Extract from Thomas Jefferson to Albert Gallatin

nothing has ever presented so threatening an aspect as what is called the Missouri question. the Federalists compleatly put down, and despairing of ever rising again under the old division of whig and tory, devised a new one, of slave-holding, & non-slave-holding states, which, while it had a semblance of being Moral, was at the same time Geographical, and calculated to give them ascendancy by debauching their old opponents to a coalition with them. Moral the question certainly is not, because the removal of slaves from one state to another, no more than their removal from one county to another, would never make a slave of one human being who would not be so without it. indeed if there were any reality morality in the question, it is on the other side; because by spreading them over a larger surface, their happiness would be increased, & the burthen of their future liberation lightened by bringing a greater number of shoulders under it. however it served to throw dust into the eyes of the people and to fanaticise them, while to the knowing ones it gave a geographical and preponderant line of the Patomac and Ohio, throwing 14. states to the North and East, & 10. to the South & West. with these therefore it is merely a question of power ... What next? conjecture itself is at a loss. but whatever it shall be you will hear from others and from the newspapers. and finally the whole will depend on Pensylvania. while she and Virginia hold together the Atlantic states can never separate.1 unfortunately in the present case she has become more fanaticised than any other state. however useful where you are, I wish you were with them. you might turn the scale there, which would turn it for the whole. should this scission take place, one of it’s most deplorable consequences would be it’s discoragement of the efforts of the European nations in the regeneration of their oppressive and Cannibal governments. Amidst this prospect of evil, I am glad to see one good effect. it has brought the necessity of some plan of general emancipation & deportation more home to the minds of our people than it has ever been before.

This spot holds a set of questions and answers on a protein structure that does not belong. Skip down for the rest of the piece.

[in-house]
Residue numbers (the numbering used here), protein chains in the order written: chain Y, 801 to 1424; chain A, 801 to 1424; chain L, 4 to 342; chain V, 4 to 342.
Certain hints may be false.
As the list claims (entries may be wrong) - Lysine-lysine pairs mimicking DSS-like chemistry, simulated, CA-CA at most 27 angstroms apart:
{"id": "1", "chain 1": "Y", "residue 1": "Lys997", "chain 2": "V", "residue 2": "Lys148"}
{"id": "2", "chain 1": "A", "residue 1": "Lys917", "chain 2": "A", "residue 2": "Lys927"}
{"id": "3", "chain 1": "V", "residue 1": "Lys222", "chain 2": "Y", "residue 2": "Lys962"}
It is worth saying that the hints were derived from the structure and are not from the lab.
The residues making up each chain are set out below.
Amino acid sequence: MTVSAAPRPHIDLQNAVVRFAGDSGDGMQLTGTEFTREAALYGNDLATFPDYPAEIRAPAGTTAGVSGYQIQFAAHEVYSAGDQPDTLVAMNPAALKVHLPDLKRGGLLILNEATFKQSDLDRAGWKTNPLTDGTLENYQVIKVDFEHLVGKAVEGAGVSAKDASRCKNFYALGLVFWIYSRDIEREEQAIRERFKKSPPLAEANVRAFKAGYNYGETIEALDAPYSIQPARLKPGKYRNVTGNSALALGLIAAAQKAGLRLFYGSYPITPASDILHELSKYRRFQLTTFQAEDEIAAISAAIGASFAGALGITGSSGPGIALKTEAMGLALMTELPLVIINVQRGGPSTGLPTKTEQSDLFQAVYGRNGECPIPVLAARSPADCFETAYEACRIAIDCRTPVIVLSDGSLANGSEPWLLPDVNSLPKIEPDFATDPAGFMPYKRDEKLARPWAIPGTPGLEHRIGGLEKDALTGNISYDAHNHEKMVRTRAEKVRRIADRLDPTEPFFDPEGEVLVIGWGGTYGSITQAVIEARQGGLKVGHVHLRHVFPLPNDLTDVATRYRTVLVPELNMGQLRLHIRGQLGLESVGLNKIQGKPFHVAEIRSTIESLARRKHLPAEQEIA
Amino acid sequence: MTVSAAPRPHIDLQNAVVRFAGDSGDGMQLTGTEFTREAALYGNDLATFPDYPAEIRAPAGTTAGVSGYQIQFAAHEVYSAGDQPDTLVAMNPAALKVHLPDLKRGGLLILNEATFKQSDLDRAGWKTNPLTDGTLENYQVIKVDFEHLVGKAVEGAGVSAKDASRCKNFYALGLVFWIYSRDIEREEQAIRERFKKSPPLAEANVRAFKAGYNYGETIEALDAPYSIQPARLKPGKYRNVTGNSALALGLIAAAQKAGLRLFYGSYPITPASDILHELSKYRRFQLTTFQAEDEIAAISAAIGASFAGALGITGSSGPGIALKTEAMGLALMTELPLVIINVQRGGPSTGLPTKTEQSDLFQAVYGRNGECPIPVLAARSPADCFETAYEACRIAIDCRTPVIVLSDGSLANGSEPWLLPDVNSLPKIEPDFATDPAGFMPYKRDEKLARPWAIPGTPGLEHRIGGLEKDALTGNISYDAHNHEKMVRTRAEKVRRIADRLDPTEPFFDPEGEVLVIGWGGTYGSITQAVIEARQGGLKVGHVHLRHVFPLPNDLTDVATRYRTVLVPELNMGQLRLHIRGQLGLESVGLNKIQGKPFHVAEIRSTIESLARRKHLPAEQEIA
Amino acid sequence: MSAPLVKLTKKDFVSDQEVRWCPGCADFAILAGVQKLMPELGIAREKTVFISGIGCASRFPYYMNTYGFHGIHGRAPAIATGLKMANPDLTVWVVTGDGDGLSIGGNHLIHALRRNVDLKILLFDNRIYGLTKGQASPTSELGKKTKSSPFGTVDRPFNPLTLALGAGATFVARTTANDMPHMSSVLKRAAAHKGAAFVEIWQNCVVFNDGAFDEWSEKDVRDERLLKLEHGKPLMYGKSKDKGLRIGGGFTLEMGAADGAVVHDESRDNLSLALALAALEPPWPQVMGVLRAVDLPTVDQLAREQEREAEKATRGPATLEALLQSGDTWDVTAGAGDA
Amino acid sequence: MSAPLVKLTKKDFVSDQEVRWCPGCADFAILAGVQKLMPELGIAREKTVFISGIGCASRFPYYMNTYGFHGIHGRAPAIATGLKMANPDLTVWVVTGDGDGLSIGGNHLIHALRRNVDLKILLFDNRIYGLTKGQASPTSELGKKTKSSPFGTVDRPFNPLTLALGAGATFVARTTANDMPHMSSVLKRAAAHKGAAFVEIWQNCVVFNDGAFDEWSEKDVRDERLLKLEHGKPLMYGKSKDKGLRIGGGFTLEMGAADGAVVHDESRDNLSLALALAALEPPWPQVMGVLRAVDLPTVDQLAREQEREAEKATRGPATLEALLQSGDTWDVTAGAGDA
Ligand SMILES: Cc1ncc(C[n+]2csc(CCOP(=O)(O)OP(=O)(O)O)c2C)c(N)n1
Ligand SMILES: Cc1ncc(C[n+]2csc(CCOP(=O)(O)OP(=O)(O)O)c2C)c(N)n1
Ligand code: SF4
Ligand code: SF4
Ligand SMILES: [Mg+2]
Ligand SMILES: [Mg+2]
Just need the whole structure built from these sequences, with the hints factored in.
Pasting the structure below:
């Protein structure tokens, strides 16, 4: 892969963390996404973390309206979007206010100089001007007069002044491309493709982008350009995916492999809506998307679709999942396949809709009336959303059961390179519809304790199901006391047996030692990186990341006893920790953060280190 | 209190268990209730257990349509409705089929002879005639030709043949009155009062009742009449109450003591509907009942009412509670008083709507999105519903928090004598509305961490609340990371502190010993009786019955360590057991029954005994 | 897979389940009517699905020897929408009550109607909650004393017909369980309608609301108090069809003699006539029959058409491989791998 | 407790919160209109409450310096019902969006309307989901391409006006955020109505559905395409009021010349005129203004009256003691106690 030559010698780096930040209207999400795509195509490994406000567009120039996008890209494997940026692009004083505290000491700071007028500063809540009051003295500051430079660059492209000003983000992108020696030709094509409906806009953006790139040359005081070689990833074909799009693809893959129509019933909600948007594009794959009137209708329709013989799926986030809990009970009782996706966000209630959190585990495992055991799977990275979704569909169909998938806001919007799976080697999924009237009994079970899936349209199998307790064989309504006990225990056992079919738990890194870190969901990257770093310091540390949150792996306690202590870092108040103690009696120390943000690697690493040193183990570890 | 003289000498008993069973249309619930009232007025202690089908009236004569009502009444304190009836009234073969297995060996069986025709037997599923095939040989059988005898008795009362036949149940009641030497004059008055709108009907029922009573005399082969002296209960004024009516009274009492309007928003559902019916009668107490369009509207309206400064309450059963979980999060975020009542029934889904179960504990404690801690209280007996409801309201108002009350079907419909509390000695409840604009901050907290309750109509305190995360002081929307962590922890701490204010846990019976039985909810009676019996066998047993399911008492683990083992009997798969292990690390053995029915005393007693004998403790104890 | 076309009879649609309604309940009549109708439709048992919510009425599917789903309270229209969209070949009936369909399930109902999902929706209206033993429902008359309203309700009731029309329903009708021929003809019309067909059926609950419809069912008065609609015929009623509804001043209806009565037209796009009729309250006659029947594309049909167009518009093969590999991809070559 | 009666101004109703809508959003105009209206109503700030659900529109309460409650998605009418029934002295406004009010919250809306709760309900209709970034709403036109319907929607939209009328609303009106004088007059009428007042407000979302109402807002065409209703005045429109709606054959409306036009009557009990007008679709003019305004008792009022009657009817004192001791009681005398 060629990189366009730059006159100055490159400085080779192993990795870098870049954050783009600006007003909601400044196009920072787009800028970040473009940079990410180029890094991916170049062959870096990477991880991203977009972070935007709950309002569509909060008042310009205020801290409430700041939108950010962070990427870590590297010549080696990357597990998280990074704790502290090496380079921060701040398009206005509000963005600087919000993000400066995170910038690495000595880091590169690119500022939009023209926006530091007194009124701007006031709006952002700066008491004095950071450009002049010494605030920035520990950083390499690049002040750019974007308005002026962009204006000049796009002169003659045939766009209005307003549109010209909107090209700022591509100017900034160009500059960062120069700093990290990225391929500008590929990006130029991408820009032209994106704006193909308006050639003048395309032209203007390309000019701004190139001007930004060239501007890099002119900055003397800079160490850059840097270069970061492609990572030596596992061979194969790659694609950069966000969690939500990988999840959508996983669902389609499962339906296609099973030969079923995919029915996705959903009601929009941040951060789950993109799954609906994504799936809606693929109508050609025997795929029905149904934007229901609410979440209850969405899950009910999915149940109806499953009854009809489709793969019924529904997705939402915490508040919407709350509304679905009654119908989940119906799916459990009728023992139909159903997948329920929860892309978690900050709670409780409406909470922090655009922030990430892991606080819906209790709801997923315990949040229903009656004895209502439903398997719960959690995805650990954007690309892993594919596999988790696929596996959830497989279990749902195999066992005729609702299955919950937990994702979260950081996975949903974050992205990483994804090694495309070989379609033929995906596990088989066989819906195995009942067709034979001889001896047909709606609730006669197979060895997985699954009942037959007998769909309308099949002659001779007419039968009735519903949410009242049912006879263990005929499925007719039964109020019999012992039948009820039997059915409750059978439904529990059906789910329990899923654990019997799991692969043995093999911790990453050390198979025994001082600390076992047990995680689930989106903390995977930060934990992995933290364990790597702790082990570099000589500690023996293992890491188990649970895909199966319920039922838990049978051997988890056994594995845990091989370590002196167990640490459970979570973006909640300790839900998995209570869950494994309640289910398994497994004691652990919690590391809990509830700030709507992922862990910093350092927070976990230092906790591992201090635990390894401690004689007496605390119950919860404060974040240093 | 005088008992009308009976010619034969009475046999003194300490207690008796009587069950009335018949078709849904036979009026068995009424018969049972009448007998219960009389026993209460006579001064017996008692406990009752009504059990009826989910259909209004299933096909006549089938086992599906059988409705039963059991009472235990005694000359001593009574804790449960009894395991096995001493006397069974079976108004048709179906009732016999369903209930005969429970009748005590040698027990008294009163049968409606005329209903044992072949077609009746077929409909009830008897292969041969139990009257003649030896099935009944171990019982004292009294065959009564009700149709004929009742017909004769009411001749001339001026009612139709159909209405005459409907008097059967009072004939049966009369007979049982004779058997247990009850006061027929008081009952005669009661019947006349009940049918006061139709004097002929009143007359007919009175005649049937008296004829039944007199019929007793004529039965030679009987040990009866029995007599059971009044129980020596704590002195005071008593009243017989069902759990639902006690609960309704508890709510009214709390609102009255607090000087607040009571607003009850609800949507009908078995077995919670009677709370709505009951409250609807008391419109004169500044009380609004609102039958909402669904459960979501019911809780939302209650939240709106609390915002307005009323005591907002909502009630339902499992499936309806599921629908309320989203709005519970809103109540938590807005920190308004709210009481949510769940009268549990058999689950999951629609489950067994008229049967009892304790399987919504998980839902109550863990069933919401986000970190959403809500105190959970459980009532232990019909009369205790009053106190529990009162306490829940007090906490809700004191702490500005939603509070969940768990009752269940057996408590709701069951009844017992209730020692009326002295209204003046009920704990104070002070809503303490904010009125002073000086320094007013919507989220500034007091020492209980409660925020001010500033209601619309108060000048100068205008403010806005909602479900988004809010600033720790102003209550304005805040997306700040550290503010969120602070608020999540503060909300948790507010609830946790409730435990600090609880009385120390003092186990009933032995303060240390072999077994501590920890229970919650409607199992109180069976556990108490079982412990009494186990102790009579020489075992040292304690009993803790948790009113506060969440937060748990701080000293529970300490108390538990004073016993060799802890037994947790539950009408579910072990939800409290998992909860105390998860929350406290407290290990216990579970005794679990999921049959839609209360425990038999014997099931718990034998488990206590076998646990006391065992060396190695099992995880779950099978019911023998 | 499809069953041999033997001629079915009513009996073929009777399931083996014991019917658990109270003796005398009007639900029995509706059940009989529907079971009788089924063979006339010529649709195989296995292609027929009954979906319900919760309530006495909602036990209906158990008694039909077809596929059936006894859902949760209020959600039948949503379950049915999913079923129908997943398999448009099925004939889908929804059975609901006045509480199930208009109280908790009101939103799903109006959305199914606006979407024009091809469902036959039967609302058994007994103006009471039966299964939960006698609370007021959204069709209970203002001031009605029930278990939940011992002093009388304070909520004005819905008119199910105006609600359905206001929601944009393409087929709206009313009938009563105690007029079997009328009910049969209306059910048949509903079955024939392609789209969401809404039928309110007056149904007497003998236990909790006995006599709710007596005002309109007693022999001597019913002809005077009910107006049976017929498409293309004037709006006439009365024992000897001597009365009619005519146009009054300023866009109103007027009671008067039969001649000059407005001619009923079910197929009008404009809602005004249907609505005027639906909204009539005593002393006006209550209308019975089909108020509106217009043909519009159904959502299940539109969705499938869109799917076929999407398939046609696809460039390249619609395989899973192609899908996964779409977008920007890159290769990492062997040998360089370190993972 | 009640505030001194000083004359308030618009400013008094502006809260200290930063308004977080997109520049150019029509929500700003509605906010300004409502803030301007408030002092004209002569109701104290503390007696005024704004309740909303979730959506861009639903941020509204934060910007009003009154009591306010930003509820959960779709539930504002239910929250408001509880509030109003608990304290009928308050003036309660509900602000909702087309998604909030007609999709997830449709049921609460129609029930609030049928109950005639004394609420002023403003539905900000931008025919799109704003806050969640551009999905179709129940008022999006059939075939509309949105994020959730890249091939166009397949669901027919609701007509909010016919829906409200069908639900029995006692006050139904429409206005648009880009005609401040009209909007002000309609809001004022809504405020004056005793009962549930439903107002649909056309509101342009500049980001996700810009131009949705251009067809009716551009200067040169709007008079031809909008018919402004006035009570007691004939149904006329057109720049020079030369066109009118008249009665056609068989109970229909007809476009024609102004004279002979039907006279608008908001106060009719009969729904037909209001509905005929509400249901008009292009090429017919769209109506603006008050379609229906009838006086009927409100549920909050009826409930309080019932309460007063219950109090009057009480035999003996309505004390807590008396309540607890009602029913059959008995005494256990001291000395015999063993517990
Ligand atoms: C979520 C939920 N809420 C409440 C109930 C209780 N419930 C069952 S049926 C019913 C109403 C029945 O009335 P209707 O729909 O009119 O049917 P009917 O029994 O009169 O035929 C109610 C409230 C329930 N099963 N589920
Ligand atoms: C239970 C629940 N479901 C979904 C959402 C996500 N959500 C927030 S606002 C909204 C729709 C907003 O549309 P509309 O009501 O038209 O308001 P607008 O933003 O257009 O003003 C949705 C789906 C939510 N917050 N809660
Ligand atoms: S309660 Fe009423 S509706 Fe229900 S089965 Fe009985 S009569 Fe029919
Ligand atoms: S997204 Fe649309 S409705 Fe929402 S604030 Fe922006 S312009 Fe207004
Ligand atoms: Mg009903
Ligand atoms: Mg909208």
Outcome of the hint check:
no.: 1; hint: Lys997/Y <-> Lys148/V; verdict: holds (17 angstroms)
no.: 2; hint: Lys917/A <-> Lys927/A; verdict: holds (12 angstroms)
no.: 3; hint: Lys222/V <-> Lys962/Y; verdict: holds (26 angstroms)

RC (NHi: Gallatin Papers). PoC (DLC). Tr (ViU: TJP); extract in Nicholas P. Trist’s hand.
1Tr ends here.
Date Range
December 26, 1820
Quote Category